Authors: Elia Axinia Machado*, Lehman College, CUNY, Helene Purcell , Fordham University , Andrew M Simons, Fordham University , Stephanie Swinehart, Fordham University
Topics: Human-Environment Geography, Hazards and Vulnerability, Remote Sensing
Keywords: GEC, vulnerability, Pastoralism, climate change, Africa
Session Type: Paper
Start / End Time: 8:00 AM / 9:40 AM
Room: Stones Throw 1 - Granite, Marriott, Lobby Level
Presentation File: No File Uploaded
The survival of millions of pastoral households in Eastern Africa has become increasingly at risk due to mounting socioeconomic and climatic stressors. Over the last decades, changes in land tenure systems and agricultural expansion have fractured pastoralists’ production systems and amplified their vulnerability to climate change and variability. As a result, pastoral households are faced with making migration decisions under increasing uncertainty about resources’ availability and limited coping strategies.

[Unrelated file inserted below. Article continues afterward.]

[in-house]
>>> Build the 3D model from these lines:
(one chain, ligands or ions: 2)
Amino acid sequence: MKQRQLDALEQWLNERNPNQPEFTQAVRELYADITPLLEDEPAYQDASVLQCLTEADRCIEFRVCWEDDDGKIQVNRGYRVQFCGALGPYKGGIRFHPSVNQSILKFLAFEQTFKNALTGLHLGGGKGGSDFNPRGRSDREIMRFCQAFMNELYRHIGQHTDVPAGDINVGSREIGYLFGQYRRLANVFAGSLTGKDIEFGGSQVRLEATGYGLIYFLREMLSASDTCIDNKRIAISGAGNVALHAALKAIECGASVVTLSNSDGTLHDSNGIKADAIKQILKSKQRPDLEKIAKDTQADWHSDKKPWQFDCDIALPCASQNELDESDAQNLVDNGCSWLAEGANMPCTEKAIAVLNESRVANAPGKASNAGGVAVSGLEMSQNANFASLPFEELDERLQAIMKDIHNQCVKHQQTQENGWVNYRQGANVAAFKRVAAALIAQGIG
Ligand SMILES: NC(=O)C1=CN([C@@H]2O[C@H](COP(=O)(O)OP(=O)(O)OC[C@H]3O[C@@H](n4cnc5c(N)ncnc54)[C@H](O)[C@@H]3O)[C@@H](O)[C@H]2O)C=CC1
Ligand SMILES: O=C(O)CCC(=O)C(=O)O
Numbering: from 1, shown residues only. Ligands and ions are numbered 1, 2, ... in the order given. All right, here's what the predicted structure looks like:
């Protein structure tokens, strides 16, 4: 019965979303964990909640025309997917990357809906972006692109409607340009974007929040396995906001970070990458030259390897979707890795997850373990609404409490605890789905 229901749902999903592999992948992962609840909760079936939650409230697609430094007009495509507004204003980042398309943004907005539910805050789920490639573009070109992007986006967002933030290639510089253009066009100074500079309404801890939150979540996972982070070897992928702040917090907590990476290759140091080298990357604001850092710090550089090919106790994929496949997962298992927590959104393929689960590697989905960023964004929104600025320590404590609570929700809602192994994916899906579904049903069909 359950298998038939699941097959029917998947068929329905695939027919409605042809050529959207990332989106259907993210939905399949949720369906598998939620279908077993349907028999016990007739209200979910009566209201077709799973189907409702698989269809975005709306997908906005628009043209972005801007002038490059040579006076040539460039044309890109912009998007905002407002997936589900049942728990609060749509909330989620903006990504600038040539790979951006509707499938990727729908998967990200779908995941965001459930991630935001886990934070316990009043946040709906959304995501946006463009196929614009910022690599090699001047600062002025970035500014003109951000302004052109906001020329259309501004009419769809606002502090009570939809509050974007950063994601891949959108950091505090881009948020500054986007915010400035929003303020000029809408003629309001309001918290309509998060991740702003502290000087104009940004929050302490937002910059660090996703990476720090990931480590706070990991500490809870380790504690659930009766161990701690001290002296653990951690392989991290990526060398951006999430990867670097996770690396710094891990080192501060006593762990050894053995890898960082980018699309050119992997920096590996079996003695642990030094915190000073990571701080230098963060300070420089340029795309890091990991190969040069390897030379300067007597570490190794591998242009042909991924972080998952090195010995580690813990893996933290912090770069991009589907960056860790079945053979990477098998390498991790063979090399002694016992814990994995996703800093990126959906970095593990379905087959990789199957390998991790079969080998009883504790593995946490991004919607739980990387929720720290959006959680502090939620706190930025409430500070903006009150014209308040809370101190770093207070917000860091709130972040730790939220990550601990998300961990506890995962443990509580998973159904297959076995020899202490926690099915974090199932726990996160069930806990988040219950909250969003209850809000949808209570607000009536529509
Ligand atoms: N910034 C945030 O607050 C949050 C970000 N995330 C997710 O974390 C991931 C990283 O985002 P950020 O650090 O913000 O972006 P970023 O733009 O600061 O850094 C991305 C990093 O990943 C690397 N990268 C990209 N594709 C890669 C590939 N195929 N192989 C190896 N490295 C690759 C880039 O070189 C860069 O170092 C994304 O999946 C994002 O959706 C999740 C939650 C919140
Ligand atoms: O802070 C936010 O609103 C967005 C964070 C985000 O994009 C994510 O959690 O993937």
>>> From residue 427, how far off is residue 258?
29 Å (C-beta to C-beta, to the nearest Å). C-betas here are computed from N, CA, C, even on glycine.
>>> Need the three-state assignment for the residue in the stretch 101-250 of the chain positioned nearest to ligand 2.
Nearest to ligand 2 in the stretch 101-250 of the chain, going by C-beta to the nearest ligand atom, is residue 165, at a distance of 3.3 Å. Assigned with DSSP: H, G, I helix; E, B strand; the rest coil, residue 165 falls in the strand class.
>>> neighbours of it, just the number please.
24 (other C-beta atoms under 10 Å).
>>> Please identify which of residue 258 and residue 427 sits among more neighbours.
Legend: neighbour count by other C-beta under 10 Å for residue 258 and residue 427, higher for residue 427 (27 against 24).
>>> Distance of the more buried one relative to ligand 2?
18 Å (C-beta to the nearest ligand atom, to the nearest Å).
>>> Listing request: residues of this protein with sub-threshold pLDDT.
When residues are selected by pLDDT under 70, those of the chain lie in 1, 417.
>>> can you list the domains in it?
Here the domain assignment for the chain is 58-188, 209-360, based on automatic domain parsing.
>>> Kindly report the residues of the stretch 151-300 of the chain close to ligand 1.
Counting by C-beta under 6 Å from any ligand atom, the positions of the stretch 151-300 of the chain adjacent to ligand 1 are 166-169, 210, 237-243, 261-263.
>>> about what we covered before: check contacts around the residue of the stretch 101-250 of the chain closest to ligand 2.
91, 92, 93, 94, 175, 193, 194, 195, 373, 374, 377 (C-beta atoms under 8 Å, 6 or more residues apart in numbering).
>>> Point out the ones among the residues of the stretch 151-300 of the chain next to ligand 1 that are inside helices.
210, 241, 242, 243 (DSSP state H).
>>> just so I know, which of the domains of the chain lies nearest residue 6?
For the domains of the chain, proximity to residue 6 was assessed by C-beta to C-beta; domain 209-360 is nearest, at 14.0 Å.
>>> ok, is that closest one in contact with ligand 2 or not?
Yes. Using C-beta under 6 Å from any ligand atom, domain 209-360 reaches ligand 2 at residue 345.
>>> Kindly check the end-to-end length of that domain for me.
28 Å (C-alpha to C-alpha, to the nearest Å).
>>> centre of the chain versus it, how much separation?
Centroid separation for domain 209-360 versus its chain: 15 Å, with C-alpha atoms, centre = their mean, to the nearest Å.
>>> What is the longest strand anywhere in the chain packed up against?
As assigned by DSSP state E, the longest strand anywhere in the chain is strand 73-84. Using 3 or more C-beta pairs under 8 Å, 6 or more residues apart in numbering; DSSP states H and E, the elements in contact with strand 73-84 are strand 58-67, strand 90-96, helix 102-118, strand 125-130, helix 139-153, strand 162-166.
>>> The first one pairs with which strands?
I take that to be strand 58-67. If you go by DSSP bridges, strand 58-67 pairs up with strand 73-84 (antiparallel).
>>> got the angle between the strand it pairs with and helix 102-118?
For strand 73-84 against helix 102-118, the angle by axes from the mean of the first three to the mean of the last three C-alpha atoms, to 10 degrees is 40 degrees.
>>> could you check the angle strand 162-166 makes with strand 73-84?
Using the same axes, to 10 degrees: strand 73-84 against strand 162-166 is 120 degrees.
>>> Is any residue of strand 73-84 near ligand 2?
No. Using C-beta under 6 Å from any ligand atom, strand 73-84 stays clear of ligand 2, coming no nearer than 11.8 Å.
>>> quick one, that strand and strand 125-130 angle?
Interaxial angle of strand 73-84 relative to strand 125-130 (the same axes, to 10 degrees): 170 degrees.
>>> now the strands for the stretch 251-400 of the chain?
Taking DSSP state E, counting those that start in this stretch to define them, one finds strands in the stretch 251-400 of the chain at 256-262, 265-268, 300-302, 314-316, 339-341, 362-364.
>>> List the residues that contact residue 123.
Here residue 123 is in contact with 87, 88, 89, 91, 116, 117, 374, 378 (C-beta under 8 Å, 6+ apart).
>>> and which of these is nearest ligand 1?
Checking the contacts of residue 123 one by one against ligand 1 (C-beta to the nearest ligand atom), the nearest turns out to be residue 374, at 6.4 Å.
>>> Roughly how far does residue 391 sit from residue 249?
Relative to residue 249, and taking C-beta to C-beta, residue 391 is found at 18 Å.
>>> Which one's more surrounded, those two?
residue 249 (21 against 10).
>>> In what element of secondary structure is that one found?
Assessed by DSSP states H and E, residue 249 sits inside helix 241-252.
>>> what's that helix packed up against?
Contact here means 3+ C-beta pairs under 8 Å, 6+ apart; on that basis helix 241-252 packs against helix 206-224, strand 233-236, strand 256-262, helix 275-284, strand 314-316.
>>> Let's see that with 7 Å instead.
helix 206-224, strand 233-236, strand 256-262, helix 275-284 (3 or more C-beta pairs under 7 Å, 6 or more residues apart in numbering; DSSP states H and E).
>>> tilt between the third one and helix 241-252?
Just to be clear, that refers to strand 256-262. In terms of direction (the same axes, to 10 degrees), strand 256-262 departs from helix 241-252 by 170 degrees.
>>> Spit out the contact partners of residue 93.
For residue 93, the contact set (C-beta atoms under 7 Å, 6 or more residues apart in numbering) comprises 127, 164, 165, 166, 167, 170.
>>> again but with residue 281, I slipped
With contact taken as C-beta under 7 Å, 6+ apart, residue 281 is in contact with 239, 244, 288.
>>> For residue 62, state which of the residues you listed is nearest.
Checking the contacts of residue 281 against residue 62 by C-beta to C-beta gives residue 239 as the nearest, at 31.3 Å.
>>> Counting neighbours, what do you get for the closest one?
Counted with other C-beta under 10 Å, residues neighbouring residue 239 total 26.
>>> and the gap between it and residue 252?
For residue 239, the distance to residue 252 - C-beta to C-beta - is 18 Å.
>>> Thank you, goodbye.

We assess the potential of providing vegetation condition maps to pastoralists in Ethiopia and Tanzania to support their migration decisions. The maps were generated from remotely sensed data using the Normalized Difference Vegetation Index (NDVI) as a proxy and overlain with pastoralists’ preferred grazing areas. This research integrates three rounds of household surveys with remotely sensed data to examine pastoralists’ map usage and its impacts in their livelihoods under different vegetation conditions.
The use of maps for migration decisions was low in both study areas, partly due to challenges in the map distribution (35% and 29% in Tanzania at midline and endline respectively; and 29% and 2% in Ethiopia at midline and endline respectively). Map usage did not affect animal mortality, but it was associated with improved animal condition. In Tanzania, poorer vegetation conditions at local level were associated with increased likelihood of map adoption.